INDEPENDENT Living is a movement of disabled people working towards self-respect, self-determination and the right to live in the community. It all began with Ed Roberts, who is considered the father of the Independent Living Movement.
He and his entire family contracted poliomyelitis in 1953. He was 14 then. It was two years before the vaccine for the dreaded and debilitating disease became publicly available. While his family members recovered, the disease left him paralysed from the neck down. He had to depend on an iron lung to assist him in breathing.
After his discharge from an 18-month hospitalisation, he continued schooling from home via a phone connected to the school. His mother also encouraged him to attend classes in school once a week.
When he sought assistance from the California Department of Rehabilitation in 1961, the agency refused to provide support to him because he was considered too severely disabled to be employable. The rejection was later reversed.
In 1962, Roberts was the first severely disabled student at the University of California in Berkeley. The university had initially refused to admit him because of his condition but it also relented later on.
As there was no suitable accommodation for students in his condition, he had to stay at the campus hospital. Other severely disabled students subsequently joined him at the hospital. Some of the students eventually moved out from the hospital to say in the campus apartments.
They organised themselves to provide crucial services such as wheelchair repair and attendant referral service. With the allowance they were entitled to from the government, they employed attendants to provide personal care and bought electric wheelchairs to ease their mobility.
In 1970, the students managed to secure funding from the Department of Education to run the Physically Disabled Students Program. The programme was so successful that they received requests for services by disabled people who were not students as well.
The Berkeley Centre for Independent Living (CIL) was established in 1972. Apart from providing the essential services, the CIL also advocated for the civil rights, self-determination and equal access for disabled people. There are more than 400 CILs in America today.
After earning his postgraduate degree, Roberts taught political science at a college and then returned to Berkeley to lead the CIL as its second executive director. Ironically, in 1975, he was appointed director of the California Department of Rehabilitation, the very agency that had categorised him as too severely disabled to be employable.
Roberts introduced the Independent Living Movement to Japan in 1981. This was followed by a series of tours around Japan promoting Independent Living by Judith Heumann, another American disability rights activist, and other disabled advocates.
The first CIL in Japan is the Human Care Association. It was established in the city of Hachioji in Tokyo in 1986 by Shoji Nakanishi. To date, there are about 130 CILs in Japan under the umbrella body of the Japan Council on Independent Living Centres (JIL).
Independent Living leaders from Japan conducted three workshops in Malaysia from 2005 to 2007. Selected trainees from these workshops attended further training in Japan and Thailand. Subsequently, the Society of Independent Living for the Disabled Selangor was established in 2008.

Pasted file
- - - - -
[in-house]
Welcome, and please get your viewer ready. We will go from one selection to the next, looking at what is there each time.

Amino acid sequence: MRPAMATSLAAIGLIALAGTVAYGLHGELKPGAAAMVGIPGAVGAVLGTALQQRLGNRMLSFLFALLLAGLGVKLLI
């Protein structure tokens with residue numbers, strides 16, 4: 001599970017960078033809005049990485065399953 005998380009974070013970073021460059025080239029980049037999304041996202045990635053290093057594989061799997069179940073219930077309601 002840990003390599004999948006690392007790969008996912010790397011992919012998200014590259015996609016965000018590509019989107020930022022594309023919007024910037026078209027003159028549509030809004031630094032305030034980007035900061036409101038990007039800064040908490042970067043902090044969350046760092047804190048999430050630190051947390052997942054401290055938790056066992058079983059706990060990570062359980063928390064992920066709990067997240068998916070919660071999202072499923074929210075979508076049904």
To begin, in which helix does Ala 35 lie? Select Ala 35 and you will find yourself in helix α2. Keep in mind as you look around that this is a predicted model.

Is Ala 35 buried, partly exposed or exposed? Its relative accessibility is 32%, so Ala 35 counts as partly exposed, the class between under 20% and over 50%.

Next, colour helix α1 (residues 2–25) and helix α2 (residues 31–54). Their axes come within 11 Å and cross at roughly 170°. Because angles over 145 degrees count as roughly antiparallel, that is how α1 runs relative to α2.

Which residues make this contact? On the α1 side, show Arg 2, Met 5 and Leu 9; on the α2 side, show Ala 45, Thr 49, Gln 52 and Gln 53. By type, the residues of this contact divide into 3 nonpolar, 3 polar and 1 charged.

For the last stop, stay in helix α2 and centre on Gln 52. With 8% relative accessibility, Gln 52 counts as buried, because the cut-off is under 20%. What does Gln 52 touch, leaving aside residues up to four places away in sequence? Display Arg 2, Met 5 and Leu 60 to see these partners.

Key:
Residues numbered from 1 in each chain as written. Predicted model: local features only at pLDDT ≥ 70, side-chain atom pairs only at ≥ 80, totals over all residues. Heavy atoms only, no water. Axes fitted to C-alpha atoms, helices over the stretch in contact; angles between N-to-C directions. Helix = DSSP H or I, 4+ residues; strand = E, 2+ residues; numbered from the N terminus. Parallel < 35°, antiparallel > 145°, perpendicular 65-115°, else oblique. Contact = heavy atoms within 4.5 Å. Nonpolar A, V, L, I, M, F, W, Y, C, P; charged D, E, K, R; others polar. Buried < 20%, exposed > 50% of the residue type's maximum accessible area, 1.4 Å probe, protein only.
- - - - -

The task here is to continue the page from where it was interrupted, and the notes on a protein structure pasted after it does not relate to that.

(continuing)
Basically, an ILC provides support required by disabled persons to live in the community instead of in institutions. This includes information provision, peer counselling, personal assistant service and independent living skills training.
Peer counselling helps a disabled person regain self-worth. This is always conducted on a one-to-one basis by another disabled person qualified in peer counselling. It is the first and most important step in the process towards Independent Living.
Independent here does not mean that the disabled person has to live and do everything by himself. Where and when help is required, a personal assistant will provide the necessary support. This includes toileting, dressing up, cooking, feeding and even support in work if the disabled person is employed.
The funds to employ personal assistants are usually provided by the federal, state or municipal governments. The number of hours of the service required is determined through consultations between the ILC and the disabled person. A severely disabled person may need 24-hour support while a moderately disabled person may only need a couple of hours.
Most severely disabled persons are totally dependent on their families in every aspect of their lives. Perhaps, the most worrying issue that is seldom voiced out is what will happen to them when their sole carers, who are usually their mothers, pass away.
The role of providing for a disabled person should not rest solely on the parents or siblings. There surely will be times when they are unable to take on this responsibility. Independent Living is crucial in liberating severely disabled persons in this aspect. They can move on with support from the ILCs and personal assistants.
The Independent Living Movement is rapidly spreading across Asia, thanks to the unrelenting effort of Shoji Nakanishi through the Disabled Peoples’ International Asia-Pacific Region and Asia-Pacific Network for Independent Living Centres. ILCs have been established in 11 countries in the past two decades.
There is still a lot of work to be done in Malaysia though. Many severely disabled persons are still unable to realise Independent Living. There is a need to promote this movement throughout the country so that disabled persons understand the ways they can achieve self-determination and live with dignity.
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